Frailty [2001]

I so wanted to love this film. Am a massive Bill Paxton fan, and he directed and starred in this psychological/supernatural thriller.

Excellent performances by him, Matthew McConaughey, Powers Booth - even the kids acting in it are brilliant.

I thought the film was great until the last 10 minutes, when it lent way to heavily on the supernatural element and didn't really leave any space for ambiguity.

I guess part of the problem is me - I will accept aliens, ghosts, vampires, whatever. But the moment the Christian/Evangelical idea of God comes into it I immediately switch off. I found the same thing with Book of Eli, liked the film until you found
Spoiler:
at the end that Denzil Washington had actually been blind the whole way through the film and God was guiding his bullets.


I can imagine it was probably very popular in the American heartlands and a different audience to myself.

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Vienna, Austria

 Pacific wrote:
Frailty [2001]

I so wanted to love this film. Am a massive Bill Paxton fan, and he directed and starred in this psychological/supernatural thriller.

Excellent performances by him, Matthew McConaughey, Powers Booth - even the kids acting in it are brilliant.

I thought the film was great until the last 10 minutes, when it lent way to heavily on the supernatural element and didn't really leave any space for ambiguity.

I guess part of the problem is me - I will accept aliens, ghosts, vampires, whatever. But the moment the Christian/Evangelical idea of God comes into it I immediately switch off. I found the same thing with Book of Eli, liked the film until you found
Spoiler:
at the end that Denzil Washington had actually been blind the whole way through the film and God was guiding his bullets.


I can imagine it was probably very popular in the American heartlands and a different audience to myself.



I watched that one in cinemas and really enjoyed it.

I have no problem with christian themes and supernatural stuff. At least it's not the usual fantasy crap we're all overfed with anyway. And it builds up on well-known traditions and background knowledge we all have so it feeld more immediate than some stuff that's been made up for that film specifically, which always seems like an unnecessary crutch.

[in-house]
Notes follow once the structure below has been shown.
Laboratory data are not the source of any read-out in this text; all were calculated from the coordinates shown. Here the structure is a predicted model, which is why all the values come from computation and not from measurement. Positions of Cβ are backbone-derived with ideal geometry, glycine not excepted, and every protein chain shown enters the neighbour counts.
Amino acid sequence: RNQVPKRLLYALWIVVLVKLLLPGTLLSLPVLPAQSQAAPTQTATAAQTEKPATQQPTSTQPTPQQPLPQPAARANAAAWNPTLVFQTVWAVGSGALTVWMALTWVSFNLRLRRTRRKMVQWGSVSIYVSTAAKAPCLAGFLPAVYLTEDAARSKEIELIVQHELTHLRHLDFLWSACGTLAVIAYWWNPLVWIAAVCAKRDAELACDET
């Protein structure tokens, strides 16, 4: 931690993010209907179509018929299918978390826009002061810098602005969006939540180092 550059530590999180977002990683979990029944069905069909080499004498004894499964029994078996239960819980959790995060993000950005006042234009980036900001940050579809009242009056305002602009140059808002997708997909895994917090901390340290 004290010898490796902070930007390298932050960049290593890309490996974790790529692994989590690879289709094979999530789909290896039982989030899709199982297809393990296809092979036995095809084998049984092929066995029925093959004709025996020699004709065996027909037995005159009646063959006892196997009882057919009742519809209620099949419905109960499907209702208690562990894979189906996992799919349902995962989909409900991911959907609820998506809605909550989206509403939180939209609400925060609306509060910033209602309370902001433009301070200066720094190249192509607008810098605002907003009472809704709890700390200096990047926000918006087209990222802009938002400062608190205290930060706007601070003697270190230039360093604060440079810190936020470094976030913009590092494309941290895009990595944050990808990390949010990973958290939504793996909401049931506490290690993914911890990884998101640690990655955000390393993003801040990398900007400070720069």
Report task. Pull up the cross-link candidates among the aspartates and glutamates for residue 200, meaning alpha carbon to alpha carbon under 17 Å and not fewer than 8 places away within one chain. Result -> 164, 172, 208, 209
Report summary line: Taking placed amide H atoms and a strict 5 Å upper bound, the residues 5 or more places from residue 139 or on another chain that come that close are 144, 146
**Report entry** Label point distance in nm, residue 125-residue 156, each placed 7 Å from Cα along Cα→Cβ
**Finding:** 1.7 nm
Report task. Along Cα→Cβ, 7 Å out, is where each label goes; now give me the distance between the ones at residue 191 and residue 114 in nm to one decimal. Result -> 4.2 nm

Didn't know it was directed by Bill Paxton though. Neat.


Must have missed that bit about Book of Eli. I thought that the important thing we was carrying was a bible. and I'm all well with that. Not the worst thing to consider an important thing. Unless you insist that it's been written by god or is to be taken literally. That's about on the level of considering Space Marines the good guys in 40k.

This message was edited 2 times. Last update was at 2022/01/21 20:08:05


   
Made in gb
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Oxfordshire

Cars

Somehow I've never gotten around to watching this before. Over all it's a fairly run of the mill kids movie with a good number of adult jokes hidden in the text. I was relieved that the end didn't finish with the cliché "hero backslides on their character development in the last twenty minutes to create false suspense" and instead had a conclusion that showed consistent character development to the end.

Well done and all wrapped in a nice package with, for me, two stand out moments.

1) "Luigi only follows Ferrari!"
As an F1 fan, the moment an Italian turned up I hoped he was Tifosi and I wasn't disappointed. I'm going to be quoting this for days.

2) Tractor tipping. I lost it at this point. Whoever conceived of this is a genius. I lost the plot and was howling with laughter. Just as I collect myself the camera pans to the underside of a tractor to see four nuts and bolts dangling under the bovine stand-in and I lose it all over again.

This message was edited 4 times. Last update was at 2022/01/22 15:24:31


 
   
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Vienna, Austria

Meat Loaf: In Search of Paradise (2007)

When I read that Meat Loaf had died I instantly had to listen to some fine, fine music and happened across this documentary (available on youtube). It follows Meat Loaf on his 2007 tour, and I think that it does a really good job at conveying the sort of passion the guy had for his work. Or rather the possession to 'get it right'. Not for a second he's satisfied with a gig, he takes the smallest niggles by critics personal and works on correcting it. Either due to a frail personality, or due to the fact that he lost it all before and remembers that his status may be as fleeting as back in the late 1980s or just to 'show them'. Not that all his ideas were great, but I just enjoy the fantastic element of him insisting in playing out the teenage love drama of Paradise By The Dashboard Light on stage with a tiny actress in her 20s. It's not a good idea, it looks odd at best, but the mindset in which this sounds like the only right thing to do is just enviable. To have a vision for a thing so clearly and the conviction that this has to be done this way AND to be in the position in which it actually is put on stage like that... that's an impressive mix.